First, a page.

2. Dave says:

    I Love this blog. we can all learn about each other from the struggles that these guys had when race relations were a massive problem .



  3. Blanche says:

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    is fantastic, let alone the content!


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  5. mitchelamaral says:

    I’m not sure where you’re getting your info, but great topic. I needs to spend some time learning much more or understanding more. Thanks for the great information. I was looking for it for my mission.


  6. Life Through a Lenz Photography says:

    Sounds like a really good book and I have just ordered a copy from Amazon. Can’t wait to read it

    Leeds, Yorkshire, Photographer


  7. kate freeman linkedin says:

    A very compelling post for sure. Kindly make sure that the blog is lengthy enough to give users a good experience.


  8. DVR Man says:

    Sounds like a blast!Cool book.


  9. credit repair software babe says:

    Nothing but praise seems have a good book. Its very informative and people will enjoy reading this a lot.


  10. Ron says:

    This book looks like it will be a good read. Sound like a commander who lead by example.


  11. shola says:

    Great great site. I found it interesting that even when the racism was still very common, some heroic people like this 1321st Engineer refused to follow the mass. Thanks for this site.


  12. Tom Diaz says:

    This is in re an earlier work by Dr. Michael J. Brodhead: Panama Canal–An Army’s Enterprise. I am trying to get in touch with him or anyone who knows where the actual reports of trail reconnaissances by the 11th Engineers in Panama are archived. My father, then SSgt Gregorio A. Diaz, and two other soldiers had quite an adventure in 1933, actually captured by San Blas Indians. I have found confirmation in the unit records, but not the actual detailed report of their reconnaissance. I would like to either find out where to go to see the records or get in touch with Dr. Brodhead. Thanks you, Tom Diaz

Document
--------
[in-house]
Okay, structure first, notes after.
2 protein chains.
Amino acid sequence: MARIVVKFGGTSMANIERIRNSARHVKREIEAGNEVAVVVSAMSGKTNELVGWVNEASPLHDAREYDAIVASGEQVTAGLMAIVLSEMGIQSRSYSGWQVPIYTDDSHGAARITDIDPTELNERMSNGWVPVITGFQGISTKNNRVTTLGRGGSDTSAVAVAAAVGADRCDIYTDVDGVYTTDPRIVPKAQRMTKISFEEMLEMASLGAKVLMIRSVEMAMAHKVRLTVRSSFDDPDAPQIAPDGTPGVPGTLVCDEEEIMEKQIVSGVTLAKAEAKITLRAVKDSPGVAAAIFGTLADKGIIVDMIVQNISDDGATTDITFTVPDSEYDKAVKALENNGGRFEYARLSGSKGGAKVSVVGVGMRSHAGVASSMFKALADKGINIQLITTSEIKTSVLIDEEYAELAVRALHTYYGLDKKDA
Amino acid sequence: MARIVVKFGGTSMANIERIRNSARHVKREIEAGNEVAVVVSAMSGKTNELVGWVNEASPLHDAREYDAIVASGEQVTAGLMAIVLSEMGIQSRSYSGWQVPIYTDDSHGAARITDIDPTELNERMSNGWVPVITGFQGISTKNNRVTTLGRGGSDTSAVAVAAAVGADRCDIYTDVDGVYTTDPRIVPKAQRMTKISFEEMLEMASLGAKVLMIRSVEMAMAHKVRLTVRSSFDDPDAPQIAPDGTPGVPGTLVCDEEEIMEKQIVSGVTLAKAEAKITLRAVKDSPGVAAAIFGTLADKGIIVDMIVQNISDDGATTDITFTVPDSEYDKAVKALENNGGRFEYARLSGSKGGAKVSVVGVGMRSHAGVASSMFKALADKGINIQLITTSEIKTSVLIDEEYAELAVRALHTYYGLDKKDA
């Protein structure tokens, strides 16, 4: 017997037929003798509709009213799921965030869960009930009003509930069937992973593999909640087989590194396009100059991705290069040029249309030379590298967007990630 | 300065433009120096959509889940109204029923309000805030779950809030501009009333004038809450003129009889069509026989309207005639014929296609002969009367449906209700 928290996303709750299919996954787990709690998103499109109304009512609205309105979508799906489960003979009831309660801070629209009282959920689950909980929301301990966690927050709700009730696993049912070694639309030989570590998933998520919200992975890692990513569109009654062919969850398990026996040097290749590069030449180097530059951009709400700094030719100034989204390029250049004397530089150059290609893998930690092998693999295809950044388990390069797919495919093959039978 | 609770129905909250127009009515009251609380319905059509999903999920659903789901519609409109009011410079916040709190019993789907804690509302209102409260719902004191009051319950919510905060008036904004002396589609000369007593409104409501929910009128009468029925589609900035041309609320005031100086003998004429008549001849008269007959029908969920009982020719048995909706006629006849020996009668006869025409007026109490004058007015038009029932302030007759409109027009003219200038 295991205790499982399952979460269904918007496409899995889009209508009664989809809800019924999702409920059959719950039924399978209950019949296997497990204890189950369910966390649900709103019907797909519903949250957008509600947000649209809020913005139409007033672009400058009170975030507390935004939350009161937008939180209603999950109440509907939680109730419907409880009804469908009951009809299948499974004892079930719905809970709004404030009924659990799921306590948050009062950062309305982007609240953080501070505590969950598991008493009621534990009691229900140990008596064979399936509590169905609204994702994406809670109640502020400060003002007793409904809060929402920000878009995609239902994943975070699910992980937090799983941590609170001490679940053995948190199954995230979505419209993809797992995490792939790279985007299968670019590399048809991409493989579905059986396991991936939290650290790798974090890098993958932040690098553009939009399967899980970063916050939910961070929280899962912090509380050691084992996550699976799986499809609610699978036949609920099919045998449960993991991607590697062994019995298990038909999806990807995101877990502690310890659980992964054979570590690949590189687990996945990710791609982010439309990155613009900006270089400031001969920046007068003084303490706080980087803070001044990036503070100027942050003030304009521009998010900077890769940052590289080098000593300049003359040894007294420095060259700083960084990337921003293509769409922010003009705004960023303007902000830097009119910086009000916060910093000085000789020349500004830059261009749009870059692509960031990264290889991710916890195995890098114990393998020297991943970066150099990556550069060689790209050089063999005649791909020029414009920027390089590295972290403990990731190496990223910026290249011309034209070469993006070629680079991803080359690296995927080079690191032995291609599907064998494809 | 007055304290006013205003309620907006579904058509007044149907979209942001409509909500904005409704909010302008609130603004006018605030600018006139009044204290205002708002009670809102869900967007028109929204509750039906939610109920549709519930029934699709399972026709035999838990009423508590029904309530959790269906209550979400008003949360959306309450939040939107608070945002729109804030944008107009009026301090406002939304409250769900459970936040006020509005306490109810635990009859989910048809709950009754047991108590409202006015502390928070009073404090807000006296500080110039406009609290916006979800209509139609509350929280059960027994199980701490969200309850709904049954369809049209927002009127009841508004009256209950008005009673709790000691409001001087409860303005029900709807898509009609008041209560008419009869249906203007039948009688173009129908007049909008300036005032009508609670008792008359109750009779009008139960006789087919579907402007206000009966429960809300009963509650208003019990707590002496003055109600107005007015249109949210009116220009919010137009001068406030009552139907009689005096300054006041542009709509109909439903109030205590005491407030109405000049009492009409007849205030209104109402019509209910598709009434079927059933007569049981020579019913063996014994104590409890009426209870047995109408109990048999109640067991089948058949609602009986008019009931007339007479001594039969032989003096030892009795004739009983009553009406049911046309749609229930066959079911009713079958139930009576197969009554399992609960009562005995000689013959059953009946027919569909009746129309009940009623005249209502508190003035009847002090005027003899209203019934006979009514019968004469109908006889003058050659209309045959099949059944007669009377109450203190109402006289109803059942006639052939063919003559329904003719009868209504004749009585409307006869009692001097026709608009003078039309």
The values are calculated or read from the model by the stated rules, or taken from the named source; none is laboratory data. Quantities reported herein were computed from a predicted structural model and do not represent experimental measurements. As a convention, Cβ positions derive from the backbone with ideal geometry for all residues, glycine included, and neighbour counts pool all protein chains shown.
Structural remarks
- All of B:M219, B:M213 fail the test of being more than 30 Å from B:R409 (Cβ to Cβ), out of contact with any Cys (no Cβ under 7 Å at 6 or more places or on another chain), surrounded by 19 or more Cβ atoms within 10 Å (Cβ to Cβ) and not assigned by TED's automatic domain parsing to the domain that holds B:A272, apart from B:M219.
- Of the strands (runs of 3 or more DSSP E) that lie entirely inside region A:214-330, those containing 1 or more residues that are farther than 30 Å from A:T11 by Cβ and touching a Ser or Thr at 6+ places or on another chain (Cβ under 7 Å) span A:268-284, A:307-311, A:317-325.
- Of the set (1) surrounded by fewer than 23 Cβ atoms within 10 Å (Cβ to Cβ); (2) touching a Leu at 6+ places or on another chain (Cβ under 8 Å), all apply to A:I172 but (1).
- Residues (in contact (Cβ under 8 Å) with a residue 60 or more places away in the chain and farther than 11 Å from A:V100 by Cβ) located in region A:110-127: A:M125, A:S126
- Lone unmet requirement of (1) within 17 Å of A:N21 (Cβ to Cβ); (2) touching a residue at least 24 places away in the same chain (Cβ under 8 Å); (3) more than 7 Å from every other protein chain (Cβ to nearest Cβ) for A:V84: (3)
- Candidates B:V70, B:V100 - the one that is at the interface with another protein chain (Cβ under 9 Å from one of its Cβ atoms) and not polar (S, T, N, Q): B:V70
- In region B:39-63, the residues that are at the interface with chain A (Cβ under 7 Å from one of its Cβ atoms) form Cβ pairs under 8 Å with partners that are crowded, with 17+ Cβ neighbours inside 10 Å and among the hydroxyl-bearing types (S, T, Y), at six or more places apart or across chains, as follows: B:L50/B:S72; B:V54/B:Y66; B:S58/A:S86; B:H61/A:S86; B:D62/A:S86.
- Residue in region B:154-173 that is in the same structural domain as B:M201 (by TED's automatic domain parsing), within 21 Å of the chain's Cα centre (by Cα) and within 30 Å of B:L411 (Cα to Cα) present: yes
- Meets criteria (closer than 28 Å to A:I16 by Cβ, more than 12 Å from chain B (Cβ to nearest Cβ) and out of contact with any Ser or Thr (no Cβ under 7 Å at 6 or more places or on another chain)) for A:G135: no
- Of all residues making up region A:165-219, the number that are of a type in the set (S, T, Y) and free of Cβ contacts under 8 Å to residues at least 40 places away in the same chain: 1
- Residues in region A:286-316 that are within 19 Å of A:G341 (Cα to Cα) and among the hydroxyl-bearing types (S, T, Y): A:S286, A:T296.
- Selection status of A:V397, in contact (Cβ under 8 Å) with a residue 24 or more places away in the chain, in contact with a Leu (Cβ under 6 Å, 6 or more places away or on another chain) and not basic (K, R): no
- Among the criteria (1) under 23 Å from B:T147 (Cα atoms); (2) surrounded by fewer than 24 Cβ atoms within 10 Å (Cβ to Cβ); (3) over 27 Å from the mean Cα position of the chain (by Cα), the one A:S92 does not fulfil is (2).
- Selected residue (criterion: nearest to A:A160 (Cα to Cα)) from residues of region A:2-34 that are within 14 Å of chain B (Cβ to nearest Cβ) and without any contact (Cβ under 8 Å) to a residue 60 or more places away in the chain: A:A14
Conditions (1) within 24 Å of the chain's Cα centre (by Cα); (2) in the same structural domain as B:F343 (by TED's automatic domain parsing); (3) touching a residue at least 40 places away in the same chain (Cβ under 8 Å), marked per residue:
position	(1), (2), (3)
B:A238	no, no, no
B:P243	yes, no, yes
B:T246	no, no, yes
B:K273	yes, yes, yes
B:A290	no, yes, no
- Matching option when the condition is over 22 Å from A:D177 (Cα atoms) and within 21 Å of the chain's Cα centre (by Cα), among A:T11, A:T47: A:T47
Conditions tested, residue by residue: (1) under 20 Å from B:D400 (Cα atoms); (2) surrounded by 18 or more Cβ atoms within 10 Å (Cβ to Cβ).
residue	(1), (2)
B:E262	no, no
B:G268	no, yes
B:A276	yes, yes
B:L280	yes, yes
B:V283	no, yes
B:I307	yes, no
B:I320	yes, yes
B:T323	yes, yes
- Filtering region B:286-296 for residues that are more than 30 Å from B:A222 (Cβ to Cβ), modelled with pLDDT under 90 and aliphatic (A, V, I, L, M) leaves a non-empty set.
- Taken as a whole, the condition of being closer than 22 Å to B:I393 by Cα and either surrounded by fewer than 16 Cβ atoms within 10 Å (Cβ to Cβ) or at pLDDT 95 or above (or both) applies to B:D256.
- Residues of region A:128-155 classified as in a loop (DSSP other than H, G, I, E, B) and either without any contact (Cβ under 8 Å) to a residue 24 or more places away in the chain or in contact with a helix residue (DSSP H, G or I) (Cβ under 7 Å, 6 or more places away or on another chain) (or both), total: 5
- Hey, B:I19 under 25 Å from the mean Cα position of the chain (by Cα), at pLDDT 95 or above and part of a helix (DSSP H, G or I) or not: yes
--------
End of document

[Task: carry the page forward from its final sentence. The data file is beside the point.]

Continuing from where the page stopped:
13. […] bookmark-worthy for history buffs and Beltway nerds who love old government posters, military history and military-commissioned Dr. Seuss […]


  14. Jane Steele,MA says:

    My dad the late AR Steele was a Mechanical Engineering major at NCA&T State University when he was drafted in 1943. He served with a non-engineering group and also worked closly with the Red Ball Express. And he did see lots of combat which was(along with the gentlemen in this most excellent read) not pleasant at all. He received several small Bronze Stars plus several other medals. He was just like these gentlemen: brave,lots of courage and had a good sense of quiet humor. He returned to the US in 1946 and returned to A&T as a Summer School Student/Student Instructor in the Math Dept. The dept. head remembered him and gave him a much needed job. Although Daddy did not finnish college(due to his mom having brest cancer and a lack of funds) he went onto start a business(along with his dad and my grandfather the late Forest McKinley Steele who was a teacher) and worked for Norfolk-Southern Railroad. I miss both him and my mom a lot but have them in my heart where ever I go. We need more books of this type published because this “Greatest Generation” is fast leaving us. Jane Steele,MA Educator


  15. hans fredbäck says:

    I have initiated a research group called The Civil Engineer in War – A Swedish Perspektive.